# Pseudo-scalar

A quantity that does not change under a translation or rotation of the coordinate axes but changes its sign when the direction of each axis is reversed. As an example of a pseudo-scalar one could take the mixed triple scalar product of three vectors (cf. Mixed product), or the inner product $(\mathbf{a},\mathbf{b})$, where $\mathbf{a}$ is an axial vector and $\mathbf{b}$ is a general vector (based at the origin).

#### Comments

Pseudo-scalars are e.g. used in the context of the Clifford algebra based approach to the foundations of geometry and physics; cf. e.g. various articles in [a1] and [a2]. In the terminology of [a3], a pseudo-scalar as defined above is a $W$-scalar (a $W$-tensor of valency $0$).

#### References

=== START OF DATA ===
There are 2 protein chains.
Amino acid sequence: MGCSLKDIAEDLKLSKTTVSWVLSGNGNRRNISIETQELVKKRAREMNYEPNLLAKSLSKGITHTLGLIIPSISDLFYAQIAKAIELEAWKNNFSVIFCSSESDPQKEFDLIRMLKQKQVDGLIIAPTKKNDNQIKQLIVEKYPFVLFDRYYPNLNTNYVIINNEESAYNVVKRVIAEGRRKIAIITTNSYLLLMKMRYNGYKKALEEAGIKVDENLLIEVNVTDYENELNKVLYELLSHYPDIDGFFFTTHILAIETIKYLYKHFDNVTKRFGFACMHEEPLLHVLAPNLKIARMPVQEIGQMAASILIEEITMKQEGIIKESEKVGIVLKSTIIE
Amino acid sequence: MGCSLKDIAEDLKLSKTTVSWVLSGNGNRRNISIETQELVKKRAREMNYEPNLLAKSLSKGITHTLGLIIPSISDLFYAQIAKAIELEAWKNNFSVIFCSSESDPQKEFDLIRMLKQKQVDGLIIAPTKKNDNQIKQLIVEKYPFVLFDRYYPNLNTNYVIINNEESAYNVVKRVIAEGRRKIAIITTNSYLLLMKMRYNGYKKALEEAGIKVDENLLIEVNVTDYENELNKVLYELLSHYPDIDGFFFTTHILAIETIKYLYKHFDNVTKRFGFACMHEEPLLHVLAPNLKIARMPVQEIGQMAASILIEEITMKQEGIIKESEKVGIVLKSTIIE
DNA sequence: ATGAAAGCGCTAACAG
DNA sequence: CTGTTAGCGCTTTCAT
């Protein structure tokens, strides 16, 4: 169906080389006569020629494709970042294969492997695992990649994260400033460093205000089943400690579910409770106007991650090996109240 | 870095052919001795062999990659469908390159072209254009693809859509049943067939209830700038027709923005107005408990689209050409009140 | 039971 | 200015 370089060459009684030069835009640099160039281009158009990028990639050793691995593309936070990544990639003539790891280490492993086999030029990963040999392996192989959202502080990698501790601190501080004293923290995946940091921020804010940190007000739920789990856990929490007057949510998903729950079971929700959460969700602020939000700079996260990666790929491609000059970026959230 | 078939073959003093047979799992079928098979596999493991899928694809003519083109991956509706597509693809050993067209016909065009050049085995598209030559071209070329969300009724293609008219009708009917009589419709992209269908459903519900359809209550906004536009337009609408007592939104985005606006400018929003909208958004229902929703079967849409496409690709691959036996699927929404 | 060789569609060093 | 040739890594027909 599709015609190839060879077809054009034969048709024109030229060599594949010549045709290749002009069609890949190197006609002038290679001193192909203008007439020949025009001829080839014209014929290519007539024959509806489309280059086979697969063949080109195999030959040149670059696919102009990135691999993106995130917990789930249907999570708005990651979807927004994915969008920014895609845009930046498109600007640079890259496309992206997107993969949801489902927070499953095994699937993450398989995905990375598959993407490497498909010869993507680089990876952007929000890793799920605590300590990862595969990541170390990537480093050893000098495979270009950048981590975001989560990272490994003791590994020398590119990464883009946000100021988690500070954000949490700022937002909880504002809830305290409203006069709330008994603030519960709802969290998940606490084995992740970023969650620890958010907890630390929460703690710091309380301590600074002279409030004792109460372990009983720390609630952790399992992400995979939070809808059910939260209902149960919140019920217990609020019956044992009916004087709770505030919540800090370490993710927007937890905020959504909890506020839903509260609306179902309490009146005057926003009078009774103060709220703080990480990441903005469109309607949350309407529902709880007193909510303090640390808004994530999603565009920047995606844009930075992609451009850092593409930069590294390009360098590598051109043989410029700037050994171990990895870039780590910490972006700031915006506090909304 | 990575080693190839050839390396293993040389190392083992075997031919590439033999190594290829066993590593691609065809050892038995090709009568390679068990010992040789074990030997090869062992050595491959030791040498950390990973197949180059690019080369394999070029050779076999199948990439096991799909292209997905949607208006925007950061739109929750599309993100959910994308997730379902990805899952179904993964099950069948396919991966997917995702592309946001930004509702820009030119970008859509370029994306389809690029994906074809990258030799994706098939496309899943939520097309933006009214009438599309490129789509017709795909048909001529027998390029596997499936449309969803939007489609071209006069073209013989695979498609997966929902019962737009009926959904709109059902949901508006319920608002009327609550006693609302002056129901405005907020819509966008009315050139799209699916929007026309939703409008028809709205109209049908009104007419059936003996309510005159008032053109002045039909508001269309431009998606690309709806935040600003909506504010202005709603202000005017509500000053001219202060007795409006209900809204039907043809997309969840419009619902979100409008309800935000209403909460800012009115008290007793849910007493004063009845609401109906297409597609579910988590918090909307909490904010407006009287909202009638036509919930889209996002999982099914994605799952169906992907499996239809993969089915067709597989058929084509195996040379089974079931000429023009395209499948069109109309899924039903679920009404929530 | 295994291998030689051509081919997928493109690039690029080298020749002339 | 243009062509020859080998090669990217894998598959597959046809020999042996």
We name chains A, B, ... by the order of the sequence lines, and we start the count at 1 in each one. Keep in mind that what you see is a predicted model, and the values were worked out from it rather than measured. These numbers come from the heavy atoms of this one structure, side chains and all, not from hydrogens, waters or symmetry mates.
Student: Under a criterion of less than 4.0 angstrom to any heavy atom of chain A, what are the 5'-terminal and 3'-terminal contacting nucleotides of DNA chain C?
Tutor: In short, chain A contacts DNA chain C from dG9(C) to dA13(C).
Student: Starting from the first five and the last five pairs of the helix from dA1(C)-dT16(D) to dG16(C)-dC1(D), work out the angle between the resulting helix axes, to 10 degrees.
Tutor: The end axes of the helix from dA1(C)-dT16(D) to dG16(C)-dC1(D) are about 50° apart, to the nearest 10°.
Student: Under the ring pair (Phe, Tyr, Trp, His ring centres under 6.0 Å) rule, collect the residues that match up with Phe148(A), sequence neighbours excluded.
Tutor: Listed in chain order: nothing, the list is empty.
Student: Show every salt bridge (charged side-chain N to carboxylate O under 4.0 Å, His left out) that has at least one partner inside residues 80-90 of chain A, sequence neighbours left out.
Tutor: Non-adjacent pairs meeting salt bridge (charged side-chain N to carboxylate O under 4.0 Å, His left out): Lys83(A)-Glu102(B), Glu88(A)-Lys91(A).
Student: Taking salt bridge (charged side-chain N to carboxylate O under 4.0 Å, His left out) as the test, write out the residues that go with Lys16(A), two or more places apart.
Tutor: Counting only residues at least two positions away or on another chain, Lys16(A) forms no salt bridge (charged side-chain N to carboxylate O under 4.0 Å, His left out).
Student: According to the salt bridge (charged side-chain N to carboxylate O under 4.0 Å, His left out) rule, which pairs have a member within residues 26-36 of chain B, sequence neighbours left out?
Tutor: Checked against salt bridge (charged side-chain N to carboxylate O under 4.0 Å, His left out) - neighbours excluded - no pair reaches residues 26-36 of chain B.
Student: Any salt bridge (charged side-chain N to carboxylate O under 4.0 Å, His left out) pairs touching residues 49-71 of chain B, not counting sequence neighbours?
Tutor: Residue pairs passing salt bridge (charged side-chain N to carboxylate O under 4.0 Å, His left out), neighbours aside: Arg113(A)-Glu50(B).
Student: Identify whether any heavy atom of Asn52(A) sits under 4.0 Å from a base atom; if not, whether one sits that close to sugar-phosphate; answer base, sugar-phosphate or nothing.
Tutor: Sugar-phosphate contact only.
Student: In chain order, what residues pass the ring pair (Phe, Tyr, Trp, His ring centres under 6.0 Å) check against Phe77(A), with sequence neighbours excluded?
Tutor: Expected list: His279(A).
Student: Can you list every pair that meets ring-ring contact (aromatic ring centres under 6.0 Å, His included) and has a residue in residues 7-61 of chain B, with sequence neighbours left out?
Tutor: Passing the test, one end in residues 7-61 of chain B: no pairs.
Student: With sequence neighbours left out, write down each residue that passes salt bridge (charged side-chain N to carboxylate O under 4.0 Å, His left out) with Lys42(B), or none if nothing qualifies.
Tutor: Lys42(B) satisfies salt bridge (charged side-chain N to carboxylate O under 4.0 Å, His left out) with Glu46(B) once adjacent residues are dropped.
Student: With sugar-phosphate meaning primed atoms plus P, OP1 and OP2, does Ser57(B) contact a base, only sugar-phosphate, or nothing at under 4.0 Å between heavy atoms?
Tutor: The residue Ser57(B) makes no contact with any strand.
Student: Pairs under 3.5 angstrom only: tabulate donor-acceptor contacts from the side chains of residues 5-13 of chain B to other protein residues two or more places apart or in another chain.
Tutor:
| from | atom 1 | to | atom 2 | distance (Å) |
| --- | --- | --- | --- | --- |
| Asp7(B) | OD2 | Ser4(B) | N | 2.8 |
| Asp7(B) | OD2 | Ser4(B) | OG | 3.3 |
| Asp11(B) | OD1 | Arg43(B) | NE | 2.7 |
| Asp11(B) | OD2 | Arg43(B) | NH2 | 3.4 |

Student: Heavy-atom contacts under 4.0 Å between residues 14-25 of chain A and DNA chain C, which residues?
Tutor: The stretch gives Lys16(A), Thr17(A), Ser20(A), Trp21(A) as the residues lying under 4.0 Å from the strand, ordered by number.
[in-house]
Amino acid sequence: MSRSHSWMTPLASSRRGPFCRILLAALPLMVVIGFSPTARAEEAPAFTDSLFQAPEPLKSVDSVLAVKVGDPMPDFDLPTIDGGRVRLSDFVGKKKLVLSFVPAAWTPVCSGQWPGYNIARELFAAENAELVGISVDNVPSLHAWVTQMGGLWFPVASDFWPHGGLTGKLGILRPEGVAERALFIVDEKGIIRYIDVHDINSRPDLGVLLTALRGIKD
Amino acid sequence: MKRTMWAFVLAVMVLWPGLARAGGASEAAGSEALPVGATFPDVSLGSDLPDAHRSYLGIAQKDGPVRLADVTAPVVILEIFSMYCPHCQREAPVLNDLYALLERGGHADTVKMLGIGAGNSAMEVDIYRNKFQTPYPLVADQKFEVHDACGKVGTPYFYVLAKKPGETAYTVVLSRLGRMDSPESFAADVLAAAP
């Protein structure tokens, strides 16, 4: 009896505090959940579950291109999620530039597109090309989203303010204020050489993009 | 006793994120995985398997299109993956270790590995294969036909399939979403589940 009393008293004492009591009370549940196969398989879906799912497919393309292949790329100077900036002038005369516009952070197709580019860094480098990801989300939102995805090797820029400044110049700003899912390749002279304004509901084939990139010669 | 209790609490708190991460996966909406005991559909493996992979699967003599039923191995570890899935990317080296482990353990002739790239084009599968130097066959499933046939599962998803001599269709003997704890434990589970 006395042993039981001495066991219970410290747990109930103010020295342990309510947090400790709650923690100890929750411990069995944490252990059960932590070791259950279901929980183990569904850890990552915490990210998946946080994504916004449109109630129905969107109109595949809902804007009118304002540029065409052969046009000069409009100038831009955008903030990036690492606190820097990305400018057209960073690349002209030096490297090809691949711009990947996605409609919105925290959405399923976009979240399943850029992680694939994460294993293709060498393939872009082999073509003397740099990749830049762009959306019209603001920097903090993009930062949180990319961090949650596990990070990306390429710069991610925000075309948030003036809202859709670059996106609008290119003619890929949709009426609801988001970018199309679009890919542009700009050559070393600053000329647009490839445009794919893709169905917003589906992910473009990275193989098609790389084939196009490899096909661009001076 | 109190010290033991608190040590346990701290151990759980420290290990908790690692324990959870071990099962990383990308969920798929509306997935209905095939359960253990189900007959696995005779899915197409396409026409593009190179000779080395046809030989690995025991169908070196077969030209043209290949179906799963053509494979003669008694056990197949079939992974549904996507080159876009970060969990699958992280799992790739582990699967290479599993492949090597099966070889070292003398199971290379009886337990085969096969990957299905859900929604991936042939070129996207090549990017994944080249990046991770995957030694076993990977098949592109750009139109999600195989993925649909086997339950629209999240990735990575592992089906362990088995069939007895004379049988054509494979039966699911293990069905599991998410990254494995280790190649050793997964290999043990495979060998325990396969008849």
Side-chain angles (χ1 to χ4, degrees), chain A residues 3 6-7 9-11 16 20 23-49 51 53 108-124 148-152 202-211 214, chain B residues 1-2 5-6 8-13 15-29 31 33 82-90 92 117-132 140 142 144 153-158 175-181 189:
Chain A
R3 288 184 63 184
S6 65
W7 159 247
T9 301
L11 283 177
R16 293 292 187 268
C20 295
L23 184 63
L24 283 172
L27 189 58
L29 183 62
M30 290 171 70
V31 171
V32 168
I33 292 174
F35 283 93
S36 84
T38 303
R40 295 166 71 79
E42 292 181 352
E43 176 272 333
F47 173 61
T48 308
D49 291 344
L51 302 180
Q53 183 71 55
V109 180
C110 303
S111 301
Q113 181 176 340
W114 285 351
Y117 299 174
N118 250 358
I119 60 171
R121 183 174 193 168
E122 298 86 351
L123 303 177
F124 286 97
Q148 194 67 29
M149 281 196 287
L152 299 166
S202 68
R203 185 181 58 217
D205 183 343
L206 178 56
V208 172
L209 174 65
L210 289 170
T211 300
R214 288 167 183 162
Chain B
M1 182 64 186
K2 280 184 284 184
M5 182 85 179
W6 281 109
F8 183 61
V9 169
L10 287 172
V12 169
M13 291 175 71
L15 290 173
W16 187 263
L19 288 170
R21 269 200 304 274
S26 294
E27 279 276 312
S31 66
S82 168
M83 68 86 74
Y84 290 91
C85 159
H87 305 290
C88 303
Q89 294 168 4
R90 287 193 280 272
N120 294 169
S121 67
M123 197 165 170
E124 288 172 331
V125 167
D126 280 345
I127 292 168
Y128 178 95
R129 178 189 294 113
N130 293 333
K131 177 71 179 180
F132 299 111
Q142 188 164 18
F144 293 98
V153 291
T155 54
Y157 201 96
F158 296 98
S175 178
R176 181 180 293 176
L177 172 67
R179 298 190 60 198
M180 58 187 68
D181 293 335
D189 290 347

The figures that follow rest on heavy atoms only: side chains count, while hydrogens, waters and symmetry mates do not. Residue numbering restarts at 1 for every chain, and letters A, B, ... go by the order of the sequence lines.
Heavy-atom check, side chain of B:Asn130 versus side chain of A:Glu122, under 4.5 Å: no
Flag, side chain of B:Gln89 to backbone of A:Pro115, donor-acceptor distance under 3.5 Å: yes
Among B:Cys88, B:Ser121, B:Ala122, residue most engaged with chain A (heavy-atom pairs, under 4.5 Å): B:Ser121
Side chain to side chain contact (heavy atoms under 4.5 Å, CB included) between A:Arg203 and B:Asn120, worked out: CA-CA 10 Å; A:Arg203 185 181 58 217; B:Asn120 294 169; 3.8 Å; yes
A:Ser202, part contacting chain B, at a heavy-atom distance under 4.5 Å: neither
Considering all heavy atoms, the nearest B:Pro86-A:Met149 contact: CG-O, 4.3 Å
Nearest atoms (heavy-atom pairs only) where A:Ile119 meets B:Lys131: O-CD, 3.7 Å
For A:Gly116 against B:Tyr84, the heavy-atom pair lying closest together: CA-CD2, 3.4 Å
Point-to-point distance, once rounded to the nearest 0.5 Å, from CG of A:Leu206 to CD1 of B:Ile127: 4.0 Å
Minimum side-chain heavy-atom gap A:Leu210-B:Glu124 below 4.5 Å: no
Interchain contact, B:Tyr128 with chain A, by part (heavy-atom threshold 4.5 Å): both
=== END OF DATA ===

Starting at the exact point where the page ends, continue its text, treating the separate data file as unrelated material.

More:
[a1] | J.S.R. Chisholm, A.K. Common, "Clifford algebras and their applications in mathematical physics" , Reidel (1986) |

[a2] | D. Hestenes, "New foundations for classical mechanics" , Reidel (1986) |

[a3] | J.A. Schouten, "Ricci-calculus. An introduction to tensor analysis and its geometrical applications" , Springer (1954) pp. 11ff (Translated from German) |

**How to Cite This Entry:**

Pseudo-scalar.

*Encyclopedia of Mathematics.*URL: http://encyclopediaofmath.org/index.php?title=Pseudo-scalar&oldid=42318